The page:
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Are Henna Tattoos Safe for Kids?

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Our pediatrician breaks it down.

childs henna tattoo scars and burns

This 11-year-old girl thought she was getting a temporary tattoo at her local mall. What she was left with were painful and permanent scars.

The family attorney believes the girl's injuries point to a type of henna known as black henna. It's a chemical the FDA won't allow for use in temporary tattoos because it can cause this type of reaction. They are now suing the owner of Tennessee's Opry Mills Mall henna kiosk for assault, and suing the mall for negligence.

Are henna tattoos safe for kids? For the answer, we went to momlogic pediatrician Dr. Cara Natterson.

"I have seen my fair share of reactions to henna tattoos," Dr. Cara says. "While not very common, anything that comes into contact with the skin can cause irritation or an allergic reaction. Inflamed skin can blister and even scar. There are also reports of inks used in both temporary and permanent tattoos that are expressly not FDA approved."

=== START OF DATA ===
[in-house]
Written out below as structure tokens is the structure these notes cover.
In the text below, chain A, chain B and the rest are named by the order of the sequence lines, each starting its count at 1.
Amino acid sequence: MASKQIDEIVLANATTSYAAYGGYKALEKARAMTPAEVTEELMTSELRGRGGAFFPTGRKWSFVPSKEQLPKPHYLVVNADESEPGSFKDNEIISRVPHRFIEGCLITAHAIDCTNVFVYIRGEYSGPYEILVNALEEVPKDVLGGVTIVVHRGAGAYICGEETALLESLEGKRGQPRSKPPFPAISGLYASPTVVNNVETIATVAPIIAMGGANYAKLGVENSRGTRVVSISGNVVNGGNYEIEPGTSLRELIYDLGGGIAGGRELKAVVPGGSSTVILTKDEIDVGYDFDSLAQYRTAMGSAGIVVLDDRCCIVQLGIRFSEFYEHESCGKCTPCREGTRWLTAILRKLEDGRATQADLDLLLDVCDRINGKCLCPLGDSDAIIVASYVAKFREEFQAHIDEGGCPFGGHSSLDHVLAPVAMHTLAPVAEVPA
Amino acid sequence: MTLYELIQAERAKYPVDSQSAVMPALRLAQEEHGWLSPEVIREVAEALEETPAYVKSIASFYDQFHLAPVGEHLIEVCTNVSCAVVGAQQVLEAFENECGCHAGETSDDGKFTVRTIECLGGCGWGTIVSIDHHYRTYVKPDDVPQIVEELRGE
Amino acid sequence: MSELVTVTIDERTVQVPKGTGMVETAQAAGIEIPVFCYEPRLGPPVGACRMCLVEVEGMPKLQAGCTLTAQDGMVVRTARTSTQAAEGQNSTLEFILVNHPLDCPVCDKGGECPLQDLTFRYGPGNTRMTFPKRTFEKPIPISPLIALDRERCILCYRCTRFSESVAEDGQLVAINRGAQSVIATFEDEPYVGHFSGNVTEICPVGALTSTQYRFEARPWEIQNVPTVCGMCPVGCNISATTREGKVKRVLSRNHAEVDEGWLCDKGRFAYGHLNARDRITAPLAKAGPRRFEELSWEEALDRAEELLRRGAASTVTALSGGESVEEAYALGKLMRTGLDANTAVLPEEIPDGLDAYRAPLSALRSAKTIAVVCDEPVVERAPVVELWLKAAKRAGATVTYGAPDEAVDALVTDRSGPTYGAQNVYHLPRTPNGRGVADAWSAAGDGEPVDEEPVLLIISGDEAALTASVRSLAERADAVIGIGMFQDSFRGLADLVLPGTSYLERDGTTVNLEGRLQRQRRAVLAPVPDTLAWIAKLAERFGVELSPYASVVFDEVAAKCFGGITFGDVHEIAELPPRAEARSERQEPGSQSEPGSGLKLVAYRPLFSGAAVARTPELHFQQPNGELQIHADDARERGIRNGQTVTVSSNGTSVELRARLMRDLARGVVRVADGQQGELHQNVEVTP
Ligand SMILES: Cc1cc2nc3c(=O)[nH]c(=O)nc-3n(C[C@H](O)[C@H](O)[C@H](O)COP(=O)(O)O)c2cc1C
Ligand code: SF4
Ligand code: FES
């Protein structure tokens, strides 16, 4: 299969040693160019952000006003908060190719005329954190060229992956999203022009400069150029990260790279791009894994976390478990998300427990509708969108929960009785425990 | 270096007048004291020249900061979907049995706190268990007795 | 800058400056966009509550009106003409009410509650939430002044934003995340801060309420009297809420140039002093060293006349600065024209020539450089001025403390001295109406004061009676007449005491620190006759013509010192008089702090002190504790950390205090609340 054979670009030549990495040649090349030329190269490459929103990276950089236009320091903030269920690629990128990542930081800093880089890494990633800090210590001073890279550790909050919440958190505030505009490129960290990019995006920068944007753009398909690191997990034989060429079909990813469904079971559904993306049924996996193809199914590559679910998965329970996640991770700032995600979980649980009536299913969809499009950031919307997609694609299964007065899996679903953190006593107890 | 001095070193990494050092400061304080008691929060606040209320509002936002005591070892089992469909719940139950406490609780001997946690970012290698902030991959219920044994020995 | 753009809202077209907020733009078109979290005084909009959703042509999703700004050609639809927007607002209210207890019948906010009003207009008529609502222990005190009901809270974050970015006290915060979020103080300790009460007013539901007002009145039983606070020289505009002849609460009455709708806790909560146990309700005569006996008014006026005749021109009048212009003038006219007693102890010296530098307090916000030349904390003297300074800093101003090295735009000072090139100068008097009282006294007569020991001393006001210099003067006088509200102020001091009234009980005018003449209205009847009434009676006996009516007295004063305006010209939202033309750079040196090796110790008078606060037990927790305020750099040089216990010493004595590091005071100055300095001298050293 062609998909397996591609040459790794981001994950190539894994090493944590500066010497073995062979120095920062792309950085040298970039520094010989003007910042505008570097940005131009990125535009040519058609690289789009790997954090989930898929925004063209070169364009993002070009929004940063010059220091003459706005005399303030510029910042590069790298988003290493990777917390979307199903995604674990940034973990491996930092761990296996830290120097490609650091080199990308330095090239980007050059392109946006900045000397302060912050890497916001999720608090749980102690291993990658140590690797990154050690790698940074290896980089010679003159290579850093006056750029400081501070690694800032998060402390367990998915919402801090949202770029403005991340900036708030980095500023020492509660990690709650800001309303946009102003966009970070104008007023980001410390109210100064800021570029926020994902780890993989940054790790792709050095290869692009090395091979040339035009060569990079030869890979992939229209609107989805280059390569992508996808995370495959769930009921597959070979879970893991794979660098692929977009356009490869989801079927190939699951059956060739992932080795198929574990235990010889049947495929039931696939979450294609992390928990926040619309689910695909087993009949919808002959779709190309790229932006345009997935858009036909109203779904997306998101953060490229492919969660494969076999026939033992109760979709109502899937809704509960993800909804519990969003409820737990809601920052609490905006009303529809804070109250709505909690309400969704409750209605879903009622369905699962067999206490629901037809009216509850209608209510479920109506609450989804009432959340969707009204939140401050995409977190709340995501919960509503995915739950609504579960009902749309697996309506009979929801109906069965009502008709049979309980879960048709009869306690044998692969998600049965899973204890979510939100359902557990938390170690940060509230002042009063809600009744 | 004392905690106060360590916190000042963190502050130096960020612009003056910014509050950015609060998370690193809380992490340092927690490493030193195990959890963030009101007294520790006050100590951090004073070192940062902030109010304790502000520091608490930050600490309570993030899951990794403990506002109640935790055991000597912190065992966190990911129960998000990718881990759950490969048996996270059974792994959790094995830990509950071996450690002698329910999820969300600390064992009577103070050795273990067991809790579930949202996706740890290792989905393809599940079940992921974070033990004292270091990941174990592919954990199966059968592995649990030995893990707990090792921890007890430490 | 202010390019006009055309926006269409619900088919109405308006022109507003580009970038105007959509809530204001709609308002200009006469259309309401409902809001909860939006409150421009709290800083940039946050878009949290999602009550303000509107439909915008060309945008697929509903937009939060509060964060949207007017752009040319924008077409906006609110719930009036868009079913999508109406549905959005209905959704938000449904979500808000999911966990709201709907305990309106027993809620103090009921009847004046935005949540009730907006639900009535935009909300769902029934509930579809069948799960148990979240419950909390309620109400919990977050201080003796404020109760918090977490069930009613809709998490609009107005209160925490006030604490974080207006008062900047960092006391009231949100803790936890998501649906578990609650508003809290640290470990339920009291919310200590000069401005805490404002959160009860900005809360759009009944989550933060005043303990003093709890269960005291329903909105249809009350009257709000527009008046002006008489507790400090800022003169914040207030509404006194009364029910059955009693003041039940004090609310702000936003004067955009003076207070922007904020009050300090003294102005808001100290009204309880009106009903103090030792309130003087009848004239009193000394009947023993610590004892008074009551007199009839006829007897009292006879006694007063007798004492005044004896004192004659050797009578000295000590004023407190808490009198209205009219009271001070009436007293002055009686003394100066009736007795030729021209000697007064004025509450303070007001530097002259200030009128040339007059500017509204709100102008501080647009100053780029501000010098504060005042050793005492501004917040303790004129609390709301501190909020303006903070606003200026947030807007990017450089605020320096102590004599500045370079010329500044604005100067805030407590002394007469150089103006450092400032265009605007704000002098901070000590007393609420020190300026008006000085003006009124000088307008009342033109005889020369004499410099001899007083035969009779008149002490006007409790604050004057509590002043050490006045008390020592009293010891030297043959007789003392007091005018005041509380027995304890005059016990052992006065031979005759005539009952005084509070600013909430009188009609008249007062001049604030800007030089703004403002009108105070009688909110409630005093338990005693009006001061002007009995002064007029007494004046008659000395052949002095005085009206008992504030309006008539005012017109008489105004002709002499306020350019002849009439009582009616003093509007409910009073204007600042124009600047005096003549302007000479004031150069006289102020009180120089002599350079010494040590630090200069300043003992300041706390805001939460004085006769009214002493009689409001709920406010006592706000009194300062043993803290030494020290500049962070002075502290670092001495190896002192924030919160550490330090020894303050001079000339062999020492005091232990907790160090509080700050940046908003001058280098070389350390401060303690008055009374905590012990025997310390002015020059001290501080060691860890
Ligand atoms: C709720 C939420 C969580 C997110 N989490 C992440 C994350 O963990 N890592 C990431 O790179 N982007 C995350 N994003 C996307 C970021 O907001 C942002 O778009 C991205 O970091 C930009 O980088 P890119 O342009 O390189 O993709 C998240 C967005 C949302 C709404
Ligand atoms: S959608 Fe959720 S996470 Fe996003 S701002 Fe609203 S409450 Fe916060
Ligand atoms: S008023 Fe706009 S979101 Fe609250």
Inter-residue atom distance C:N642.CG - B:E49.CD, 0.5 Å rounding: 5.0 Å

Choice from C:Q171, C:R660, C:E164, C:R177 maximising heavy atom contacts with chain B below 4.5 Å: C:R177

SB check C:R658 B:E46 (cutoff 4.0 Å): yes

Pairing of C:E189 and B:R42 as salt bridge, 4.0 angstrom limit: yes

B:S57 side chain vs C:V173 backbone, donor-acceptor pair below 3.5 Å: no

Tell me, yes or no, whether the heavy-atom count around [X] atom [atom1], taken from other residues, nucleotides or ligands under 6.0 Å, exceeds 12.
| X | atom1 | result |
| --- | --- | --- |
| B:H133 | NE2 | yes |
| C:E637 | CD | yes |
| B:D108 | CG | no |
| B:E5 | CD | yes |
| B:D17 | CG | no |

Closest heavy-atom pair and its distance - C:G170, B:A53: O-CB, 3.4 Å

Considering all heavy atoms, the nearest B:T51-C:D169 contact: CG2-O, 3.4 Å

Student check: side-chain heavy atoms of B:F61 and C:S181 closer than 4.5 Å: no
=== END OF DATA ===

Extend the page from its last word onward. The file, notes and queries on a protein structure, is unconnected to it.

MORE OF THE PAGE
Dr. Cara continues: "I feel sad for this girl, who thought she was doing something benign and short-lived, and I hope her injury resolves quickly," she says. "But it serves as a good reminder that we ought to think twice before we put anything on our skin. Whether it's a temporary tattoo, face paint, or any other body adornment, we tend to trust the person who is applying it. Meanwhile, the process of application may not be fully sterile, and there is a possibility that we will react to some ingredient. The consequences may -- unfortunately -- be around for a long time to come."



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30 comments so far | Post a comment now
Anonymous August 7, 2009, 1:46 PM

Holy cow! I’d be so mad if that were my 11 yr old kid! It should have been a totally harmless thing.

Natalie August 7, 2009, 2:19 PM